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Antoine de Saint-Exupéry: Vol de nuit (Night Flight)

Saint-Exupéry’s second novel is his shortest but it is still very powerful. It tells the story of an aviation company based in Buenos Aires, which flies in mail from various parts of Latin America and then flies it onward to Europe. There are three main characters. Rivière, fifty years old, is the director and the consummate boss. Errors are ruthlessly punished, even if the guilty person is not really to blame, e.g. because of weather conditions. He worries slightly about whether he is being unfair but, ultimately, accepts that he has to do it for the greater good of the company and safety. Robineau is the inspector, a man of limited imagination who is the foil for Rivière’s toughness. He does what he is told because, frankly, he does not know any other way. Finally there is the pilot, Fabien, bringing the mail up from Patagonia, and recently married.

Saint-Exupéry sets the scene well with all of these characters and then plunges us into the story. What should have been a routine night run up from Patagonia goes bad as storms come in from all sides. Fabien tries to find a way out of the storms, worrying about his height (he is, of course, flying near the Andes), whether he has enough petrol, whether he can finally find the dawn which will give him some light, whether his radio operator can contact Buenos Aires or some other post for help on where the storm is and where it is moving to. Rivière, meanwhile, is relatively helpless in Buenos Aires but does all he can to track the plane and the course of the storm, all the while worrying about getting the mail off to Europe, with a pilot who turned round on his last trip. He also has to deal with Fabien’s wife, Simone, who comes in to the office when she realises that her husband has been delayed. Robineau, meanwhile, is helpless, not knowing what to do and where to turn. Saint-Exupéry takes us back and forth between the main players. We follow Fabien in his flight who, as with Jacques Bernis in Courrier Sud (Southern Mail), seems to take much of this in his stride. He does try to look for light and is overjoyed when he rises up above the storm and finds a relatively clear sky but, generally, he is more focused on the technical nature of getting out of the storm and, unlike the Europe pilot, never loses his nerve. As with Jacques Bernis, the end is tragic but it is the mail that is paramount, not the life of the pilot.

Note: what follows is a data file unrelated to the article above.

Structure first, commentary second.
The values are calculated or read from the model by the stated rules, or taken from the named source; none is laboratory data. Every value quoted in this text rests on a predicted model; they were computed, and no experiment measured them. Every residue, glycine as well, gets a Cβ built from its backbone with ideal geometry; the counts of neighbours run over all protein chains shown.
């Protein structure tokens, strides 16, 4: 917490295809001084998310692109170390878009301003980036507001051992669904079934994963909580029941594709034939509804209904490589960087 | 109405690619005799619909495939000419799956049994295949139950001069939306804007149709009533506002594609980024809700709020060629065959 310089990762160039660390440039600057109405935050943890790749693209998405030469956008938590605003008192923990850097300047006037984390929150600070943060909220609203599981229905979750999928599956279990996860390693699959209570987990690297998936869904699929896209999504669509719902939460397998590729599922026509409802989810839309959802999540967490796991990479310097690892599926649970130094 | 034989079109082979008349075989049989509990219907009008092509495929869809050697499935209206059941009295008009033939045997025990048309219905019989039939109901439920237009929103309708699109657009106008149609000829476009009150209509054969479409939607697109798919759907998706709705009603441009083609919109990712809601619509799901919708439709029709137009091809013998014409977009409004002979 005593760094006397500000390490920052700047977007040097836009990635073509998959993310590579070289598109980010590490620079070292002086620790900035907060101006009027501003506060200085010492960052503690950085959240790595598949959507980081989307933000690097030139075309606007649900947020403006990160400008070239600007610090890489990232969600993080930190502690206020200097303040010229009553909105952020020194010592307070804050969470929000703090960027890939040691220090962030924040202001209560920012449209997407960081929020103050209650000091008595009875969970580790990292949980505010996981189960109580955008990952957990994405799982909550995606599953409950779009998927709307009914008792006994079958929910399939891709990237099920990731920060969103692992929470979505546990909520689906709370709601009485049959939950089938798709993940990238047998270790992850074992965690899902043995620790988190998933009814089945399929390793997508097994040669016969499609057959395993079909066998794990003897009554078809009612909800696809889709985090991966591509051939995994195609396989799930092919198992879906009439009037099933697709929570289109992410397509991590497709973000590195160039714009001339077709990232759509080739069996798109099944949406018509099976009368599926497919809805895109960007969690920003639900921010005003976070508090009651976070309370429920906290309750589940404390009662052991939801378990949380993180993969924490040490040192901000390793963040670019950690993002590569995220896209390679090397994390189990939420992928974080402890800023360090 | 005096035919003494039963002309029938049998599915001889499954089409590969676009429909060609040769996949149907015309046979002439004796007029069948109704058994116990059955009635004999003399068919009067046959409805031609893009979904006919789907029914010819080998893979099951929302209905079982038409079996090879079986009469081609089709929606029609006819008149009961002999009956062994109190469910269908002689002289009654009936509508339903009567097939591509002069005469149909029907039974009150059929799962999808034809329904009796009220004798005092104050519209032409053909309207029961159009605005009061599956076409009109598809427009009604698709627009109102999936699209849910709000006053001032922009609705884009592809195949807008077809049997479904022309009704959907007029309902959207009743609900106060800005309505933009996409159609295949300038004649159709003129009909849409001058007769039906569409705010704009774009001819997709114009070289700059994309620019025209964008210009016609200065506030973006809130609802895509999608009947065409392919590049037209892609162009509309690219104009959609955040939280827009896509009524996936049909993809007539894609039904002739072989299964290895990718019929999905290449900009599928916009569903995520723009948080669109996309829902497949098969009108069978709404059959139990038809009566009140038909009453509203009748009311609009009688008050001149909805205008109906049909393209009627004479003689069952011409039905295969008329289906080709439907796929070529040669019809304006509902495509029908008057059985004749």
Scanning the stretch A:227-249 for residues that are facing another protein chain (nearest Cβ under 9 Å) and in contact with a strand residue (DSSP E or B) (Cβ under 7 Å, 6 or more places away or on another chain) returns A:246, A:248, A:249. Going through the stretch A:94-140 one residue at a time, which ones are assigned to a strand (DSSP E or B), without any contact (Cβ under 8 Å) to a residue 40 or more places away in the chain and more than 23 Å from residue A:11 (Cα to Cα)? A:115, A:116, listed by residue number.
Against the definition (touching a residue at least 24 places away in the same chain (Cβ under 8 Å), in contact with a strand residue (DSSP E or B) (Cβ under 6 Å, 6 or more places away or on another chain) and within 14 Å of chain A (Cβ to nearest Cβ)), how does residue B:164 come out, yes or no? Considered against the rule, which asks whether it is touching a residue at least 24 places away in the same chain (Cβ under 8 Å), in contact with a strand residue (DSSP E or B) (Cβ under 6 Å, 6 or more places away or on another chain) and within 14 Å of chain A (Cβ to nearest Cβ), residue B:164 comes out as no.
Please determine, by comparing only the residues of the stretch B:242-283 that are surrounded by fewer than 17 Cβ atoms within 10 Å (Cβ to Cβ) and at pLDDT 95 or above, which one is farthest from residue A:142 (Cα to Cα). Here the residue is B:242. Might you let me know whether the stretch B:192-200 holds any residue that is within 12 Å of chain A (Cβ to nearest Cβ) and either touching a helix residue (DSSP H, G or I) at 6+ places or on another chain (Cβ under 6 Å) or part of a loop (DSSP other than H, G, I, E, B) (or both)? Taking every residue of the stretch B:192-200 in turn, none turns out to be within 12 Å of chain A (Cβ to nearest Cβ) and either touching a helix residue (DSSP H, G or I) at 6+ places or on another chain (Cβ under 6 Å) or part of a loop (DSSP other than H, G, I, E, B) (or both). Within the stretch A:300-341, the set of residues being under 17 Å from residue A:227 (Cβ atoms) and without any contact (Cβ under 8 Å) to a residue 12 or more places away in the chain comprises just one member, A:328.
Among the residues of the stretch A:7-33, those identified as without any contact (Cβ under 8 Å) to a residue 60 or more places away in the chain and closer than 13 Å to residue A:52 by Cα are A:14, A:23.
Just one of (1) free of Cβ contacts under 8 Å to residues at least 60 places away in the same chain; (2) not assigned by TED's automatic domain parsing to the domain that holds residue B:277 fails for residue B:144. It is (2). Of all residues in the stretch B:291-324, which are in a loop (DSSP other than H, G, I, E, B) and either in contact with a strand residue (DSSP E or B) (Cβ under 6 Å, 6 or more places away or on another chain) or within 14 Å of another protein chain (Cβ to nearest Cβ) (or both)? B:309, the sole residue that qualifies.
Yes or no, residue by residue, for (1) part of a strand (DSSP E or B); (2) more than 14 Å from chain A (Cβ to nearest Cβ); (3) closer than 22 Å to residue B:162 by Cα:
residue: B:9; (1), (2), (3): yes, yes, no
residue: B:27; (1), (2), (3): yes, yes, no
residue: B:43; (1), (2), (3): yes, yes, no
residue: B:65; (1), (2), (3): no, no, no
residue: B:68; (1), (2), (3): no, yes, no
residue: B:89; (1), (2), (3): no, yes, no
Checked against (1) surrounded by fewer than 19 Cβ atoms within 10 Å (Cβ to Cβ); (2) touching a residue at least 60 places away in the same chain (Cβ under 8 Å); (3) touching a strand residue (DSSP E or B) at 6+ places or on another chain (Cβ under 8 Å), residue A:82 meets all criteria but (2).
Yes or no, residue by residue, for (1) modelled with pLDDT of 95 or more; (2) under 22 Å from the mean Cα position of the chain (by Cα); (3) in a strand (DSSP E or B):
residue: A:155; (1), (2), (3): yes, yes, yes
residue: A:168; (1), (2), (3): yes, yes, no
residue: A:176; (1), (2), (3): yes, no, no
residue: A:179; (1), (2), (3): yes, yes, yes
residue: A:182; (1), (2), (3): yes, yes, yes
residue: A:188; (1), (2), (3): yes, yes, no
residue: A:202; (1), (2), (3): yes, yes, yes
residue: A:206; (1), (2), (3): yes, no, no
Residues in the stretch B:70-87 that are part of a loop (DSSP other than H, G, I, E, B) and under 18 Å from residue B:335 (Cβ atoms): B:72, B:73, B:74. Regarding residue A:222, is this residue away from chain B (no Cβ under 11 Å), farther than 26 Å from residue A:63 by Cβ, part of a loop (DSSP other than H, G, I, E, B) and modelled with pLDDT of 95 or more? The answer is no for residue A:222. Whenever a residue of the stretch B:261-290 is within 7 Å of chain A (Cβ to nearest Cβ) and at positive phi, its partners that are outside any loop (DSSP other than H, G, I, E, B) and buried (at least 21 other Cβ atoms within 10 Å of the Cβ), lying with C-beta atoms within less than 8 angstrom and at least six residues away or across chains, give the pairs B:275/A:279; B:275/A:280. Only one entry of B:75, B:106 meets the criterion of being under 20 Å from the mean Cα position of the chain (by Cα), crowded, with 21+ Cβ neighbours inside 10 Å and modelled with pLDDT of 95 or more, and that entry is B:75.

Publishing history

First published in French 1931 by Gallimard
First published in English 1932 by Harmsworth, London
Translated by Stuart Gilbert (early editions); Curtis Cate (later editions), David Carter (latest editions)